- origin of Ashkenazi Jews, who come most recently from Europe > at least their maternal lineage may derive largely from Europe.
- finding contradicts notion that European Jews mostly descend from people who left Israel + Middle East around 2,000 years ago.
- substantial proportion of population originates from local Europeans who converted to Judaism
- Little known about history of Ashkenazi Jews before they were expelled from the Mediterranean + settled in what is now Poland around the 12th century.
- Ashkenazi Jews genetically as closely related to each other as fourth or fifth cousins
- Past research = 50 percent to 80 percent of DNA from Ashkenazi Y chromosome originated in the Near East => supports story wherein Jews came from Israel + largely eschewed intermarriage when they settled in Europe. [The Holy Land: 7 Amazing Archaeological Finds]
- historical documents tell slightly different tale > by time of destruction of Second Temple in A.D. 70 > 6 million Jews living in the Roman Empire > outside Israel, mainly in Italy and Southern Europe. <= only about 500,000 lived in Judea
- major Jewish communities were outside Judea
- four founders responsible for 40 percent of Ashkenazi mitochondrial DNA > originated in Europe.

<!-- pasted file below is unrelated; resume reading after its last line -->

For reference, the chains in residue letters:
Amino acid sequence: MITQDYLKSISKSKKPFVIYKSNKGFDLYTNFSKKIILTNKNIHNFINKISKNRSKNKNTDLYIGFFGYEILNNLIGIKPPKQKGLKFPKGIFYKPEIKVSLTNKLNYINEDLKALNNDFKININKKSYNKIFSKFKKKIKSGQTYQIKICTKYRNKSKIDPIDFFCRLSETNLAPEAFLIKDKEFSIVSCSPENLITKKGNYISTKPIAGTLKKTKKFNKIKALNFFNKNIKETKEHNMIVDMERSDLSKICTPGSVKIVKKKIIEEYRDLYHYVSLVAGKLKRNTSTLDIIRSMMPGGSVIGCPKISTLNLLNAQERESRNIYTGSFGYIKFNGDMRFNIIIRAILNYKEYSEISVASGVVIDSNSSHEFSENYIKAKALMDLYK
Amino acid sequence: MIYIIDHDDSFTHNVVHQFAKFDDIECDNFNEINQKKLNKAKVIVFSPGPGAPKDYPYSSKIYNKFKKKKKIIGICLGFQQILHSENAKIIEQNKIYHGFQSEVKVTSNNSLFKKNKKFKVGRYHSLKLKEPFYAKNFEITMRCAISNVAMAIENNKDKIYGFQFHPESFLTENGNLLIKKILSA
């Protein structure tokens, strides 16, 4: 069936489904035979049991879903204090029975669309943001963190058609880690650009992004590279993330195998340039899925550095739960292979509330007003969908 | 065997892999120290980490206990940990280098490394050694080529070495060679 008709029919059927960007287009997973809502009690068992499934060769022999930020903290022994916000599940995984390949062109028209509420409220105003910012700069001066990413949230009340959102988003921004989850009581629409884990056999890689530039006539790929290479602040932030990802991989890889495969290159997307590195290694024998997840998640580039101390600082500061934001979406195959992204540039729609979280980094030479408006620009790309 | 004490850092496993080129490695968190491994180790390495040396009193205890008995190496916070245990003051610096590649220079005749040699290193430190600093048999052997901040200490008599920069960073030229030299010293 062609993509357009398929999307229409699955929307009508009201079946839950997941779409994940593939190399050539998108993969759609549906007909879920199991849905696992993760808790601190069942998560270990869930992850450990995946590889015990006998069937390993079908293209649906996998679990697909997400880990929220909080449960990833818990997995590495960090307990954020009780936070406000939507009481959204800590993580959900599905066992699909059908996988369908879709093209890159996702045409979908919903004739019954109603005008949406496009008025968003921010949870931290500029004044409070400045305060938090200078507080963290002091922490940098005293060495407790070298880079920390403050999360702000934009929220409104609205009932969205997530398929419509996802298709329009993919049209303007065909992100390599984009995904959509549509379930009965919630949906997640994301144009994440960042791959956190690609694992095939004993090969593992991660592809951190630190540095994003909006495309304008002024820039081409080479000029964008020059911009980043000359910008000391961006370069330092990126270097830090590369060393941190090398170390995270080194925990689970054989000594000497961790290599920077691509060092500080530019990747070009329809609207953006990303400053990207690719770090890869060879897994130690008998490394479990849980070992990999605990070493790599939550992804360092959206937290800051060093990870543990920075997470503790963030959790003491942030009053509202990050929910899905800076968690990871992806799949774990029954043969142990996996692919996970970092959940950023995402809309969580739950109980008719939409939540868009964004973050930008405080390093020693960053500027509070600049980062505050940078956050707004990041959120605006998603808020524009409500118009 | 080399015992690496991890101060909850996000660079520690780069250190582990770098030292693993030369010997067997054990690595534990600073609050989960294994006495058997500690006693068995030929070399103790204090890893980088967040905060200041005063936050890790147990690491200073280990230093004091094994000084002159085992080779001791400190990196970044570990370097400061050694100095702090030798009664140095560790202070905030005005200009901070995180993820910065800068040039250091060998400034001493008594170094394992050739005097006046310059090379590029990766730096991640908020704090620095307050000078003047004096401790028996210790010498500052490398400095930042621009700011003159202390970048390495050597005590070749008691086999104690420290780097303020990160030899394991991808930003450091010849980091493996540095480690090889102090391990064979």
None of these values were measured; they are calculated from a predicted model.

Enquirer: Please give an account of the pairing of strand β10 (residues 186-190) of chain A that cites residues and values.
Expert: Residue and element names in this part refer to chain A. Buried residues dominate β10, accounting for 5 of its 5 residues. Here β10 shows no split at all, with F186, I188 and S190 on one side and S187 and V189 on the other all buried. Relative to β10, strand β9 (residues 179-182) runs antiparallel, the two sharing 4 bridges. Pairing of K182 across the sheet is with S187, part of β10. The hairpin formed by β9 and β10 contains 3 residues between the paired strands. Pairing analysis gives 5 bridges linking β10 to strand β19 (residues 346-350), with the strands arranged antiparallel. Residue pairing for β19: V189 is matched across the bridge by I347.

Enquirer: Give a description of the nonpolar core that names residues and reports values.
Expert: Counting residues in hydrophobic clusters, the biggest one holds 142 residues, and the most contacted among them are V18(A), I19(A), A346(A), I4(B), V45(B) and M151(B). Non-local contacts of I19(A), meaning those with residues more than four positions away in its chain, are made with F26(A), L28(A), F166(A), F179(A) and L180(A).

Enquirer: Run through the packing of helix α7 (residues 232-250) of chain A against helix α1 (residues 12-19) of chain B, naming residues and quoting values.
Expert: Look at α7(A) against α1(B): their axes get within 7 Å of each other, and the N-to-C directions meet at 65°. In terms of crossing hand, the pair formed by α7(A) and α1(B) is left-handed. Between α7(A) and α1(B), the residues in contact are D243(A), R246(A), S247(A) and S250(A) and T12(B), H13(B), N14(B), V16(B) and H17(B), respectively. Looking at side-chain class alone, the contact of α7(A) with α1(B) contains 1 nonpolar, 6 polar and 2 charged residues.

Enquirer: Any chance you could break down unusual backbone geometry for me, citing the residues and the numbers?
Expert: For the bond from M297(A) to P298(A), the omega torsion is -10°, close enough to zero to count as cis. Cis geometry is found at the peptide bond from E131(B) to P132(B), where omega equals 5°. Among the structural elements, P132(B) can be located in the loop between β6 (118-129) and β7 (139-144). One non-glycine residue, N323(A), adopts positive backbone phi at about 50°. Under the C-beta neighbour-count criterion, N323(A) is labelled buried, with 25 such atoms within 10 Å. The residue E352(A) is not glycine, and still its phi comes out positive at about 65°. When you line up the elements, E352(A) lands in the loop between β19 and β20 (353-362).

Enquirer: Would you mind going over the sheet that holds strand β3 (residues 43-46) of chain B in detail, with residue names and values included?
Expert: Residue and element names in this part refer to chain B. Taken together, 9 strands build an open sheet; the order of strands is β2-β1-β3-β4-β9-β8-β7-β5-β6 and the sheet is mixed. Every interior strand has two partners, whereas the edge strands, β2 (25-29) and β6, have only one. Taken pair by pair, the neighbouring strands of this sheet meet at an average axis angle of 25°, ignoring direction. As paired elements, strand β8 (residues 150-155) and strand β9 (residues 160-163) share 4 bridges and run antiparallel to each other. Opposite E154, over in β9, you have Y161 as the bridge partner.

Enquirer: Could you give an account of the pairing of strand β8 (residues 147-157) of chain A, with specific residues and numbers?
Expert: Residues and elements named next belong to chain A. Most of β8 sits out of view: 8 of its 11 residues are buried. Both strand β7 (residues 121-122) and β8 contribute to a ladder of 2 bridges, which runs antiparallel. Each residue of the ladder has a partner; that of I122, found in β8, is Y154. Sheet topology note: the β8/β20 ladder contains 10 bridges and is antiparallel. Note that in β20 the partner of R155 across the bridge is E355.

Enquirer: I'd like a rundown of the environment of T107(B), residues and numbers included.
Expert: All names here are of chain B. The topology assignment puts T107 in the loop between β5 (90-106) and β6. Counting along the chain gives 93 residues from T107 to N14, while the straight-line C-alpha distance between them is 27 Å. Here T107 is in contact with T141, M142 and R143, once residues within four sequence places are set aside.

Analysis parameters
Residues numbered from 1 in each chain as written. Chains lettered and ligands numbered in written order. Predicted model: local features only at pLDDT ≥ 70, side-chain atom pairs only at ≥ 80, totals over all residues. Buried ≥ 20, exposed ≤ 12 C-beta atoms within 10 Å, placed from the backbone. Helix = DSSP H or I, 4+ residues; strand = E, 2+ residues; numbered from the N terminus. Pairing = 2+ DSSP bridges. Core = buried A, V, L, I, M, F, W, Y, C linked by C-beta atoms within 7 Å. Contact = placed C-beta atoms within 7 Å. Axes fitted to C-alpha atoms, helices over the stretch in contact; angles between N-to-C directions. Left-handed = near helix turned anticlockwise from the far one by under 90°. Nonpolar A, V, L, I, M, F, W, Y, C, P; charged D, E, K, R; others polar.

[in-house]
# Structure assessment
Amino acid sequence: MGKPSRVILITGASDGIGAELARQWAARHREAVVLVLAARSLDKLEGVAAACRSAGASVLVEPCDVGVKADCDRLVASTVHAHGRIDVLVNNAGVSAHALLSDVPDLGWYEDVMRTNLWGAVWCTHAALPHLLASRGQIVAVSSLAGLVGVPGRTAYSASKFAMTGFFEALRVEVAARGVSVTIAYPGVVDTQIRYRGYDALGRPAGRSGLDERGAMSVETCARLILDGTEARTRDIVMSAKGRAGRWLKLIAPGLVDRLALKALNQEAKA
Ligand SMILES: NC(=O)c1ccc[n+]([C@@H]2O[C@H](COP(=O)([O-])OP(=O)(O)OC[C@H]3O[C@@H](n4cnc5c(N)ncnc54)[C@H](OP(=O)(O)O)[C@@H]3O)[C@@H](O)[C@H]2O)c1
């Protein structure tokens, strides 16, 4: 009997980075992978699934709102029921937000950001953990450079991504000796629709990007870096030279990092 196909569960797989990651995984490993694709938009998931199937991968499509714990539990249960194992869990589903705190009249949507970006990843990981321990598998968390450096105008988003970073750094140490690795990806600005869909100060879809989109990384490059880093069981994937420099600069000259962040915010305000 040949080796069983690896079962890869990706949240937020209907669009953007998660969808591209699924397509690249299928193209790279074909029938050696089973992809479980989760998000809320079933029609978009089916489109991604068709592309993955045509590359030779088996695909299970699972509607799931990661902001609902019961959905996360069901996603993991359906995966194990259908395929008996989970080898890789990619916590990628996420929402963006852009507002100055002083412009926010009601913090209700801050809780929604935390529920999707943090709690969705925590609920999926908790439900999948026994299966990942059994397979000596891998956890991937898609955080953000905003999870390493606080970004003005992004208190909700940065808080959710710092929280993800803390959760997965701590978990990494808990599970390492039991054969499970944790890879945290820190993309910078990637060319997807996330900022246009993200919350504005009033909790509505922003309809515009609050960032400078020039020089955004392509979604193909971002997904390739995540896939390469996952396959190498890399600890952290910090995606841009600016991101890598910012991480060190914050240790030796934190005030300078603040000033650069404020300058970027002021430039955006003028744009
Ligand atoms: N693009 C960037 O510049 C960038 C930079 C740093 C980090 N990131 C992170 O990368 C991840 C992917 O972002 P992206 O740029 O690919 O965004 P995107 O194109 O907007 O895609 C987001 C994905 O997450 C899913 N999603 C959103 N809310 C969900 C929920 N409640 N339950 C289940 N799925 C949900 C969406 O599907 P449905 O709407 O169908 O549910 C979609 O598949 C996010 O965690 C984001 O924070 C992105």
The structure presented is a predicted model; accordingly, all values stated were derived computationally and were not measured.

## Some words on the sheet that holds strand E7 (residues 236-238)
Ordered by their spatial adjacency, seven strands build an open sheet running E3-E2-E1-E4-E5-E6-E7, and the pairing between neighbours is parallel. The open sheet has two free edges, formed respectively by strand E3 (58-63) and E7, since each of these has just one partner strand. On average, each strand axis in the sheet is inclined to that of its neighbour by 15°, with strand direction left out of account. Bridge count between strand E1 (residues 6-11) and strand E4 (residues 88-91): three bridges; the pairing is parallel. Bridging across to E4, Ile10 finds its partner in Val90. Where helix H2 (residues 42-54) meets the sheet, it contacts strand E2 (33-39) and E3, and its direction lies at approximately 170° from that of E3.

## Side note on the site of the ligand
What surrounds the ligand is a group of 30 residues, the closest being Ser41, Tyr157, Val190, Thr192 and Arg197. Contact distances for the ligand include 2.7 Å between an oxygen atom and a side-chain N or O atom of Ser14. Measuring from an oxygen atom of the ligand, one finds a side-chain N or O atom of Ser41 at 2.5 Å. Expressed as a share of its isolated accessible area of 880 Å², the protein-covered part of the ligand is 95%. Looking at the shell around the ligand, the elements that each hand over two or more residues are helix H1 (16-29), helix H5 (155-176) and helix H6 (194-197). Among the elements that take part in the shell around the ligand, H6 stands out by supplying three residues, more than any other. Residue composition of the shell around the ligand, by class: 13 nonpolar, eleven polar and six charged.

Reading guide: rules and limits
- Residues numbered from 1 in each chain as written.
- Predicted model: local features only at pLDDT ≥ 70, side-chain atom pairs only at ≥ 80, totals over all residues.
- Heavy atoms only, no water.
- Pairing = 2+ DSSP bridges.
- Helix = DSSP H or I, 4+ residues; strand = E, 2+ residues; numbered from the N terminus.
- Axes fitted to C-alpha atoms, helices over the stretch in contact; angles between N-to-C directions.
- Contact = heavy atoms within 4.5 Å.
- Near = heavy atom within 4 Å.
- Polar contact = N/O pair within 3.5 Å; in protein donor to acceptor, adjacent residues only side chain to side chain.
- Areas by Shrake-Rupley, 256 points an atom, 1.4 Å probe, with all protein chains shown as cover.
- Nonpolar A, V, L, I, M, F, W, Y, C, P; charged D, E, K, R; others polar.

- more than 80 percent of maternal lineages of Ashkenazi Jews traced to Europe, with only a few lineages originating in the Near East.
- debunk one of most questionable hypotheses: that most Ashkenazi Jews can trace their roots to mysterious Khazar Kingdom that flourished during the ninth century in region between Byzantine Empire + Persian Empire
- founding Ashkenazi women = converts from local European populations.
By Tia Ghose, Staff Writer | October 8, 2013
The origin of the Ashkenazi Jews, who come most recently from Europe, has largely been shrouded in mystery. But a new study suggests that at least their maternal lineage may derive largely from Europe.
Though the finding may seem intuitive, it contradicts the notion that European Jews mostly descend from people who left Israel and the Middle East around 2,000 years ago. Instead, a substantial proportion of the population originates from local Europeans who converted to Judaism, said study co-author Martin Richards, an archaeogeneticist at the University of Huddersfield in England.
Little is known about the history of Ashkenazi Jews before they were expelled from the Mediterranean and settled in what is now Poland around the 12th century. On average, all Ashkenazi Jews are genetically…
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